Obtaining CakeML

Here we explain how to build and run the bootstrapped CakeML compiler. You can run the bootstrapping process yourself, or download the result of one of our recent builds.

The compiler supports five target architectures (x86-64, RISC-V, ARMv8, ARMv6, MIPS). We currently have the build process worked out for x86-64 and RISC-V. Pre-built bootstrapped CakeML compilers for the other architectures will become available soon.

Bootstrapping locally

Bootstrapping the compiler in the logic takes several hours and works better with more RAM (16GB is a probable minimum). Example timings for the final phase (evaluation in the logic) can be found here. The pre-built section has downloads so you can avoid doing it yourself.
  1. Set up the CakeML repository. This step includes obtaining Poly/ML and HOL. The only other dependency is a C compiler, to compile and link our I/O primitives.
  2. Run Holmake in the compiler/bootstrap/evaluation/x64 or .../riscv directory (depending on the desired target). This will eventually produce an executable, cake. It also produces cake.S and basis_ffi.c, which are linked together to form cake. Note: for RISC-V, you need to have a cross compiler (e.g., riscv64-unknown-elf-gcc) set up for the last step to work. You may need to link the generated cake.S file manually, depending on your setup.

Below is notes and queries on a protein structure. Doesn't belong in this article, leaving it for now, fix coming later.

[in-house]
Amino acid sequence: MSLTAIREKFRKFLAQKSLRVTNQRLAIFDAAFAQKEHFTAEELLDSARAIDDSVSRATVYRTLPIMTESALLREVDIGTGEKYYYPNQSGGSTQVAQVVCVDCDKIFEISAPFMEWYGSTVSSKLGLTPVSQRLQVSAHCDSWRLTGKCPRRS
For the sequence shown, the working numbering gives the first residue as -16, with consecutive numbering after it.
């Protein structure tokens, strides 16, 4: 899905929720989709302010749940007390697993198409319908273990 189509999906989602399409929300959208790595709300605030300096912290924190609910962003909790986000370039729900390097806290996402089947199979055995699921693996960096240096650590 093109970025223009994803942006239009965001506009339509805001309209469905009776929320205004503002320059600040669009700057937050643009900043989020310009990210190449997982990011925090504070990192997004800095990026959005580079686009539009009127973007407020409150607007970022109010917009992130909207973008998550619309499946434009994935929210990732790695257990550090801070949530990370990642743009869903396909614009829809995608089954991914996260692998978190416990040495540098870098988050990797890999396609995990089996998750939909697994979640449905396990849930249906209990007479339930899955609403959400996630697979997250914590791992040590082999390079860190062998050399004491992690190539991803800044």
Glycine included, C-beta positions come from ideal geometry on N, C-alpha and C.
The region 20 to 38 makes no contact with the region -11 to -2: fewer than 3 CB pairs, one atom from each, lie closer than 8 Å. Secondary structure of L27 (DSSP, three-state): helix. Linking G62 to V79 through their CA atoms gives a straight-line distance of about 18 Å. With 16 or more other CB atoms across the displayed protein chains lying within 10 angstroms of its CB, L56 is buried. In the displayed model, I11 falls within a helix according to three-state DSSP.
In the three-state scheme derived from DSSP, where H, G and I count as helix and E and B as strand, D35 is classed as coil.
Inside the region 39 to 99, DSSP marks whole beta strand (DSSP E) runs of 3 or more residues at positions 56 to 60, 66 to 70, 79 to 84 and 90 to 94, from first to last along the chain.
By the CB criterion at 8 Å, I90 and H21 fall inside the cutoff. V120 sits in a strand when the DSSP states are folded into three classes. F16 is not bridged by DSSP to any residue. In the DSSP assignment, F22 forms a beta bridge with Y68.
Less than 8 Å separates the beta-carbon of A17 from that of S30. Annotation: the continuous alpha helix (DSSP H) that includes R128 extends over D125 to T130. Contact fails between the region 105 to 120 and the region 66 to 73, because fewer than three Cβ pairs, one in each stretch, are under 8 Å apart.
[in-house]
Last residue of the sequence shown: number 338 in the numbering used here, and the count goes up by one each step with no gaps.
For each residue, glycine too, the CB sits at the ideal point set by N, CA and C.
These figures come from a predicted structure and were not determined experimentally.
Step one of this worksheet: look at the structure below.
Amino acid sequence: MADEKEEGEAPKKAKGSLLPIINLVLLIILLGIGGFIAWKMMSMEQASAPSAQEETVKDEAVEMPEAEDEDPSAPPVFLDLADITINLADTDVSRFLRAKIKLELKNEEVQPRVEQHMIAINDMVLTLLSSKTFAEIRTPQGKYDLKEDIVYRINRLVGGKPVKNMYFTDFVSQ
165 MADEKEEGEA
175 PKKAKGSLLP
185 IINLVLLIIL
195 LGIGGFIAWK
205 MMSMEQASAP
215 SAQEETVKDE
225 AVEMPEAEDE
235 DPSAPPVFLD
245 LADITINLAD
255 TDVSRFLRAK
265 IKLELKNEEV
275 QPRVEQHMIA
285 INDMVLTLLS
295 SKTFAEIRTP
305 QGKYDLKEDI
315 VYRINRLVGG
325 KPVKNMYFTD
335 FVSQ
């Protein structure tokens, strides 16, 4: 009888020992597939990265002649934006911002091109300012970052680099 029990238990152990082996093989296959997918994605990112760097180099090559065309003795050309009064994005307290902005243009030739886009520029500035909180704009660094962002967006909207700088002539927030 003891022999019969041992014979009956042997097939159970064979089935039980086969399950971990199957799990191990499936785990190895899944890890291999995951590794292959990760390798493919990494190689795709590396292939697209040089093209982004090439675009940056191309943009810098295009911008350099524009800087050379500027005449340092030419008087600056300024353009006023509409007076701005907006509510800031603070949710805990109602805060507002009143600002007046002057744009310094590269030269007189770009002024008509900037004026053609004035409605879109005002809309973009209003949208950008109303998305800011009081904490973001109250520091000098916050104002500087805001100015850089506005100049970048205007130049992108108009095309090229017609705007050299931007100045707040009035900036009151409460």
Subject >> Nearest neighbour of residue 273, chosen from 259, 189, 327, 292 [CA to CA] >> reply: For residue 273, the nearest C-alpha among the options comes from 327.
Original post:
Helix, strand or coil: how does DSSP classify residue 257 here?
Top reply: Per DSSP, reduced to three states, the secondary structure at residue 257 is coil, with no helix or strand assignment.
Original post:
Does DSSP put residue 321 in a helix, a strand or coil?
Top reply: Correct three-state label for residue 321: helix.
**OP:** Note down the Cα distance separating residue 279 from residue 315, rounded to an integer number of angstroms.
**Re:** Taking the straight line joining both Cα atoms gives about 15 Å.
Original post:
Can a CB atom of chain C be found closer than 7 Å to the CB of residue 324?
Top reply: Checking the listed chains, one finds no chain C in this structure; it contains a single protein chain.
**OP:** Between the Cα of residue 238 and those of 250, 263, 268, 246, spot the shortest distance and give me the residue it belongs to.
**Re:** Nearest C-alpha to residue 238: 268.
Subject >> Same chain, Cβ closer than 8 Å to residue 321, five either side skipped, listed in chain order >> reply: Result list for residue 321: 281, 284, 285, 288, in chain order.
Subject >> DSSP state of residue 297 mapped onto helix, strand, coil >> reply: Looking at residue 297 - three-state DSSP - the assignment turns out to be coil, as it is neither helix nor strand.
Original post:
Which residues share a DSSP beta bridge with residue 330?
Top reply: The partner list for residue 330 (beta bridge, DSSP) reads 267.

3. Run it as described below.

Running CakeML

  1. Write a CakeML program. For example, echo 'print "Hello!\n";'>input.cml.
  2. ./cake <input.cml >result.S. Optionally provide additional arguments to the compiler, like --inline_size=20. Note: for RISC-V if you are not running on native hardware, you may need to invoke an emulator, for example spike pk cake.
  3. gcc -o result basis_ffi.c result.S to produce the result executable
  4. Run the result! ./result

Downloading bootstrap results

Download the latest pre-built tarball for x86-64. To use it, unpack it (tar -xvzf cake-latest.tar.gz), then run make (or make cake) to obtain a cake executable that can be used as above. The provided Makefile can also automate the steps above: make result will compile input.cml.

For RISC-V, we provide the latest pre-built tarball for RISC-V. It can be used as described above, however you may need to set your CC environment variable to the appropriate cross compiler, for example CC=riscv64-unknown-elf-gcc make cake.